Joined up working - working with other professionals

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In a rural area where families face poverty and isolation, Julian Grenier finds a centre whose outreach work with pre-schools provides vital support

In a rural area where families face poverty and isolation, Julian Grenier finds a centre whose outreach work with pre-schools provides vital support

Chipping Norton is a pretty market town in rural Oxfordshire which appears to be inhabited mainly by professional couples commuting to Oxford and Banbury, and some second homeowners. It seems an unlikely setting for the ACE Centre with its mission to support families facing issues like poverty, isolation and other typically urban issues. But Sue Clempson, the centre's charismatic director, confirms that 'there is a high level of poverty both in the town and in the surrounding villages. For example, there are lone parents living in the villages who are isolated, unemployed and stuck at home. Public transport is negligible. Families can easily end up feeling trapped in a pretty environment which has absolutely nothing for them.'

ACE stands for Activities, Childcare and Education. The centre provides a multitude of services in each category, including a nursery school, a daycare nursery, a family centre, computer training, adult education, space for clubs and support groups. The centre also runs an afterschool and holiday club for children aged from four to 14.

The Department for Education and Employment has funded an outreach service to support local pre-school settings. Some of these have even been saved from closure by the centre's programme of support and development, and by the centre's help through its Ofsted inspections.

These vital services have been kept going in villages which have alarmingly few public services and often lack schools, buses and even post offices and pubs.
'The outreach work is our most special facility,' says Clempson. 'We work with 29 rural pre-school settings and offer training opportunities which are tailored to their needs. Recently we have provided a series of courses on the new Foundation Stage, showing how the curriculum can be accessed through play and rich experiences. Leading on from that, one group has requested a course on report-writing linked to the new curriculum. We want to show that the Foundation Stage is something that practitioners can cope with, that they can carry on being creative - that they can do it.'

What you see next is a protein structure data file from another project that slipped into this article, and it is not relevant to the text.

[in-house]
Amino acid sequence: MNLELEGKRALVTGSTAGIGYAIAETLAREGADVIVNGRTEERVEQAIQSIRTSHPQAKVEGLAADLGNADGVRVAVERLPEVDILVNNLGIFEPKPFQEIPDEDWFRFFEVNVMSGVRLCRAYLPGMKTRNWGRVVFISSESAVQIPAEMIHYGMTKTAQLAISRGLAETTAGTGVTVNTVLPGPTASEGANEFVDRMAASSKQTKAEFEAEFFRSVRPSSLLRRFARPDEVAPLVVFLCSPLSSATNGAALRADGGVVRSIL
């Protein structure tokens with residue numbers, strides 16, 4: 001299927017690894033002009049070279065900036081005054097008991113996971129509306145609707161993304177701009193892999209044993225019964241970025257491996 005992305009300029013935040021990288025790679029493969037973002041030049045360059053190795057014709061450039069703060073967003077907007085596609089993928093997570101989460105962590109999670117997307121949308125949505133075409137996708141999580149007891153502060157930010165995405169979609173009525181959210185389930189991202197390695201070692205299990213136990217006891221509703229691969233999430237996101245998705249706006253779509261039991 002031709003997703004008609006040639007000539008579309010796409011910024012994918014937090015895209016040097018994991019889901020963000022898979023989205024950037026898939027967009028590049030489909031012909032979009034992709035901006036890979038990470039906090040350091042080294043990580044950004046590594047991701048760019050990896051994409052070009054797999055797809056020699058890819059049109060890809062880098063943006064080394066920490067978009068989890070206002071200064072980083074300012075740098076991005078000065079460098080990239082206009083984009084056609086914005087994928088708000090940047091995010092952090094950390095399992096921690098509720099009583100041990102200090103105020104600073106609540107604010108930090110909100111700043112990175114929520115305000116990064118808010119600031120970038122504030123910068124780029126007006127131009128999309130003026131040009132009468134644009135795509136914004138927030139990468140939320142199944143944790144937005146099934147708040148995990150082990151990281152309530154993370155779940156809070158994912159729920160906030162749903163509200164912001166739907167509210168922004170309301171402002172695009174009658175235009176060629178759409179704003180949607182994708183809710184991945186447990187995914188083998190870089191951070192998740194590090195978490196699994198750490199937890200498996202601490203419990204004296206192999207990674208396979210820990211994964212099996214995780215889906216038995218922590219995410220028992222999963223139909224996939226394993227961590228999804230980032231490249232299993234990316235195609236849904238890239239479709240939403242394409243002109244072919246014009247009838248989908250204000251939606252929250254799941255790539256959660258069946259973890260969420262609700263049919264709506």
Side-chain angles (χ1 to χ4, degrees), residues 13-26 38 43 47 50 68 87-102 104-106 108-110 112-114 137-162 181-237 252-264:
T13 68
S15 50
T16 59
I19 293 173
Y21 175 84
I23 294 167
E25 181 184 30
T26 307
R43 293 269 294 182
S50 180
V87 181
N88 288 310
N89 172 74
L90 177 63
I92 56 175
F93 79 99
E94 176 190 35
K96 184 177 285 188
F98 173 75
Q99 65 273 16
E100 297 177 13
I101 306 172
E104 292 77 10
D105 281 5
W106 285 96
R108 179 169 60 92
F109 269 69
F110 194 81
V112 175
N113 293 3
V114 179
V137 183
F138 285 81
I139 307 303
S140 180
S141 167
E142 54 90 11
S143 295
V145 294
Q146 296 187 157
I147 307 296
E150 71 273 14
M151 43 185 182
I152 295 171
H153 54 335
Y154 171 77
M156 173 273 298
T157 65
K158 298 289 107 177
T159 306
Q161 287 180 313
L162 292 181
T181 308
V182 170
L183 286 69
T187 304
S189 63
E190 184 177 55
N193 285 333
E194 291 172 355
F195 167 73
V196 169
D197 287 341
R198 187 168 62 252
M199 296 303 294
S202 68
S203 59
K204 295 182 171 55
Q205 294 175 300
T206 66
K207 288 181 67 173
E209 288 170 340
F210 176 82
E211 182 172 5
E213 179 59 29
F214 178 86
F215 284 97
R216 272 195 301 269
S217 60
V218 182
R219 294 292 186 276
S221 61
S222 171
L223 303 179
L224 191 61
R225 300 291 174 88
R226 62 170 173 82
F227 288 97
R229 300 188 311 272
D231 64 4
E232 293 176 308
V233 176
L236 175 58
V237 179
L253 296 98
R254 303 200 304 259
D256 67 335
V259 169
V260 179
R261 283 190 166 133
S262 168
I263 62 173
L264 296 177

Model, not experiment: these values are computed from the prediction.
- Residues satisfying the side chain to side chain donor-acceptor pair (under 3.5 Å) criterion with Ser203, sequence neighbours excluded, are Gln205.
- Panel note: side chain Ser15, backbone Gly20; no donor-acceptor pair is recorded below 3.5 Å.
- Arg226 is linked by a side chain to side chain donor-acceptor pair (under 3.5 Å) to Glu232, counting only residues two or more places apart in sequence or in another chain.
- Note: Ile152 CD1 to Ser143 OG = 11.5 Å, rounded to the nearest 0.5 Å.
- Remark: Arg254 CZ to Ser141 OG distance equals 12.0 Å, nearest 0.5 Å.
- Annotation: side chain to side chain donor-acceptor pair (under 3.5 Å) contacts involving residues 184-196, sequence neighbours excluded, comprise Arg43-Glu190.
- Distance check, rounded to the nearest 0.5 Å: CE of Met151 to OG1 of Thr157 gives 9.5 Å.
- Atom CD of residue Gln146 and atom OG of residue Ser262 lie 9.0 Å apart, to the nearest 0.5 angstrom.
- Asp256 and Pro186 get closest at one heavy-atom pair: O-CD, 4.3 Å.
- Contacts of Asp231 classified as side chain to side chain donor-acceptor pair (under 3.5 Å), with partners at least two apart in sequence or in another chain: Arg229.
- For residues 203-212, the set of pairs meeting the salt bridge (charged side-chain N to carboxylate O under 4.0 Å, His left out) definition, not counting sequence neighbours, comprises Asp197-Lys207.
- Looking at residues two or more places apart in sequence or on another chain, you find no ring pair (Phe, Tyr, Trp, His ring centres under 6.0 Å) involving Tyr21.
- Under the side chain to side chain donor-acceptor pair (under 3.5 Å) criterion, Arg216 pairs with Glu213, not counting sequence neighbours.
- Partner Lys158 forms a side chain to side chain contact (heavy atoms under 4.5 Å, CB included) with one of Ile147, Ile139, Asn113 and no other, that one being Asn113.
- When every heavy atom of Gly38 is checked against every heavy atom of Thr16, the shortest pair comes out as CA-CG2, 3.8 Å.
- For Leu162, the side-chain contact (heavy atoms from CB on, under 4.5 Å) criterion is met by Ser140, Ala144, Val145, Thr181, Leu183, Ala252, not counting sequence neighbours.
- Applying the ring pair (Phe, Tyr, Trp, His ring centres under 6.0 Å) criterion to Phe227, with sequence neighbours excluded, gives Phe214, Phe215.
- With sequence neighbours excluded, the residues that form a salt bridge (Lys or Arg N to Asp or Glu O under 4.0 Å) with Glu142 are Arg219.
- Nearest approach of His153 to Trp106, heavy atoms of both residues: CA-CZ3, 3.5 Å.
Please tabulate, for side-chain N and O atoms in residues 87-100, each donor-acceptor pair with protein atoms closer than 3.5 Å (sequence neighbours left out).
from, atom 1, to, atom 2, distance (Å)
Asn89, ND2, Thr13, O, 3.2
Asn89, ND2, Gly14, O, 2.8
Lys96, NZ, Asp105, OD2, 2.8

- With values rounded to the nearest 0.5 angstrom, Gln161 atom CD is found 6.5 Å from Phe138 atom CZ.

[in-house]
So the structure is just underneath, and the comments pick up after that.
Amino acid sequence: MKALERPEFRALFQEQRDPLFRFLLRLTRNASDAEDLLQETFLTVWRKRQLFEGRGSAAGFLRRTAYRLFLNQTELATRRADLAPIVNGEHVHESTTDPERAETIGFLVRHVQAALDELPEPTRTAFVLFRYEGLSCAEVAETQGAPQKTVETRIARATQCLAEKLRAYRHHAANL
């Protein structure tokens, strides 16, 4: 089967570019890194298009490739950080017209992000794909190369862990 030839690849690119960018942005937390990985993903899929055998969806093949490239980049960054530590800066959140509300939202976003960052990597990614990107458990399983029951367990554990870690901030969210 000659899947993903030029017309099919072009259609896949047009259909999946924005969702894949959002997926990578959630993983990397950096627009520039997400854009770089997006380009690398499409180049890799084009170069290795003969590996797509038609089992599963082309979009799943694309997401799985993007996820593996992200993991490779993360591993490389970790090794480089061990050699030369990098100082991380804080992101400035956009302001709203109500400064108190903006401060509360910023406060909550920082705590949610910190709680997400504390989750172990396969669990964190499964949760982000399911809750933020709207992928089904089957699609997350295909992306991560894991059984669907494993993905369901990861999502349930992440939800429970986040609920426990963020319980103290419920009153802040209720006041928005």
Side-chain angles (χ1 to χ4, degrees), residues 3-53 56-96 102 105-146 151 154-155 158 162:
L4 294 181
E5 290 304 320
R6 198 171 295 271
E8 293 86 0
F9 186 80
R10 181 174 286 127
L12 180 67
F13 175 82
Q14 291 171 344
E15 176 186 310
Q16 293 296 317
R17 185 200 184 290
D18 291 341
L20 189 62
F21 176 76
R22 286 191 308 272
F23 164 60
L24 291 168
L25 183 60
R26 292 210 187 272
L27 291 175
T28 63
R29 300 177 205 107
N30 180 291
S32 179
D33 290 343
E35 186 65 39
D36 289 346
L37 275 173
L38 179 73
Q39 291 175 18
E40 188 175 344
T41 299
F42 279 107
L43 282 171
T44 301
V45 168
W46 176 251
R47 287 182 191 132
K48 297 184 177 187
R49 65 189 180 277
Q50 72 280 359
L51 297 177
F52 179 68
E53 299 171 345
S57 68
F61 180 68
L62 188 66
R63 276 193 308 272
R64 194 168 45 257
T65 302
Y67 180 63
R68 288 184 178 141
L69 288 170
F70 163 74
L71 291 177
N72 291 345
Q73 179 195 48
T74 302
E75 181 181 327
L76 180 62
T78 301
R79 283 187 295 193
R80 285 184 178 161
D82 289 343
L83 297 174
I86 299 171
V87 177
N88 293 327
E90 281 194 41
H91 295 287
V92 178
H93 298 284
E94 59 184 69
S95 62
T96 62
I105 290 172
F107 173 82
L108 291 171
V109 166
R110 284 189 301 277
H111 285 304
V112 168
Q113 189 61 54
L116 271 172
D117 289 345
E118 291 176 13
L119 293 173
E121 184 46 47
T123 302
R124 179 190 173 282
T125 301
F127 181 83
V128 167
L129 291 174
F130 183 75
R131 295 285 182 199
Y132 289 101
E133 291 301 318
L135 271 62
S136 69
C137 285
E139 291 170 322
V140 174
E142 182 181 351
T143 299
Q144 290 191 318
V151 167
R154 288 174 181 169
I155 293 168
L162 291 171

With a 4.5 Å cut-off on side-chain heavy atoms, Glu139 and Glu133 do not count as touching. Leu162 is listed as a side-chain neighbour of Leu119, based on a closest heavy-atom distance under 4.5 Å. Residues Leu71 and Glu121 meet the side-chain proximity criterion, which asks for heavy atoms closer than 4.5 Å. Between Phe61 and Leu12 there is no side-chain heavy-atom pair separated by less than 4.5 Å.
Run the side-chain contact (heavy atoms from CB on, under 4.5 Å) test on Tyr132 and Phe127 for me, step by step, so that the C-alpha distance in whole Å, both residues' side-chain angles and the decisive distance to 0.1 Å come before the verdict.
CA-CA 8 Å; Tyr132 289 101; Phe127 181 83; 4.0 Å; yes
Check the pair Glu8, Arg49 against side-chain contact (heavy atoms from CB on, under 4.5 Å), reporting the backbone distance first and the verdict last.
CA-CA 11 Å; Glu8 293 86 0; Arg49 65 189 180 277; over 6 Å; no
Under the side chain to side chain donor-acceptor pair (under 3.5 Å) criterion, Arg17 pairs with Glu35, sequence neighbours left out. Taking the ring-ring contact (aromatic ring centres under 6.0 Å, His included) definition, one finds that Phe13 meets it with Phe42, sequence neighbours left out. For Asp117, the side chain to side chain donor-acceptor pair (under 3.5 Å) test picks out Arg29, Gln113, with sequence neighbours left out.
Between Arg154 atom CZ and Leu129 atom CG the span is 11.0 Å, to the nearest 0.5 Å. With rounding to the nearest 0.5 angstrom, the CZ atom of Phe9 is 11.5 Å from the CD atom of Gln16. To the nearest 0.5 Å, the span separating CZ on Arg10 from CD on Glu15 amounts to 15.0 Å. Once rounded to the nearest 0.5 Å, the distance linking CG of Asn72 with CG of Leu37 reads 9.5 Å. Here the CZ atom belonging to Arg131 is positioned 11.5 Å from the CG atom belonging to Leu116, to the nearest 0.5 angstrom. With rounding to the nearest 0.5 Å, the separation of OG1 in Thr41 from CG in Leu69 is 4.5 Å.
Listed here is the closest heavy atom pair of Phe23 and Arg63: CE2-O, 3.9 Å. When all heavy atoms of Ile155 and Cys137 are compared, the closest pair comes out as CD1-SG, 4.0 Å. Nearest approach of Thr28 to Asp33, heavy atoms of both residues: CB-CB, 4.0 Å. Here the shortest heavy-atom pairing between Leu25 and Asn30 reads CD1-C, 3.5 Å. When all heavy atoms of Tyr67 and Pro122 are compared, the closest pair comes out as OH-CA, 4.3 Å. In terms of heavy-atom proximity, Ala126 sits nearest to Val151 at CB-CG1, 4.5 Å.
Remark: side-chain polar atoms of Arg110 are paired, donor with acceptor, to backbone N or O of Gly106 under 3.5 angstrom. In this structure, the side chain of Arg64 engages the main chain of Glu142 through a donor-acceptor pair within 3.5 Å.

Clempson's love of learning constantly sparks into life. 'I am so passionate about children's rights to be who they are,' she says. 'Children should not be put through the mincer. I have seen so much education which is just about processing people of whatever age. The ACE Centre is about providing the exact opposite of that. Adults and children need to be motivated, inspired, excited, praised, valued and always need to be listened to. It comes down to basic respect of other people as human beings. Children are people too - it's just that they haven't been around as long as the rest of us.' NW

Julian Grenier is deputy head of Woodlands Park Nursery, part of the London Borough of Haringey's Early Excellence Network

How to work together
As projects like Sure Start and Early Excellence expand, more and more early years practitioners are working together with other professionals like social workers, adult educators and health visitors. Some ideas for developing joined-up working:

1 Working together means sharing ideas and not being afraid to make mistakes.
2 Professionals have to be committed to listening to the views of users - adults and children - and changing how they work in response to feedback.
3 Services will have to be developed to meet users' needs, rather than trying to fit everyone into the traditional types of service on offer.
4 People from different services will have their own needs. Everyone will require the understanding and support of managers, and also have to support other people with different training and experiences.
5 Local needs have to be researched and clarified so that all professionals are clear about the context they are working in.
6 In times of change, people need to hold onto what excites and inspires them about their work to avoid being overwhelmed.
7 Everyone must work together to create trust in the users and provide the same welcome and quality in every part of the new service.
8 Joined-up services need to establish clearly what users are entitled to - and how this will be delivered by each service.
9 As new staff and new services join the venture, values need to be renegotiated. This means that newcomers will be aware of existing values and practices. It creates an opening for people from different professional backgrounds to contribute their own unique insights.
10 New services always have a history. A new multi-service centre may have once been a social services nursery, or perhaps a nursery school. The original staff may feel that they still 'own' the new setting. Settings are actually 'owned' by local people and not by the professionals from any service.

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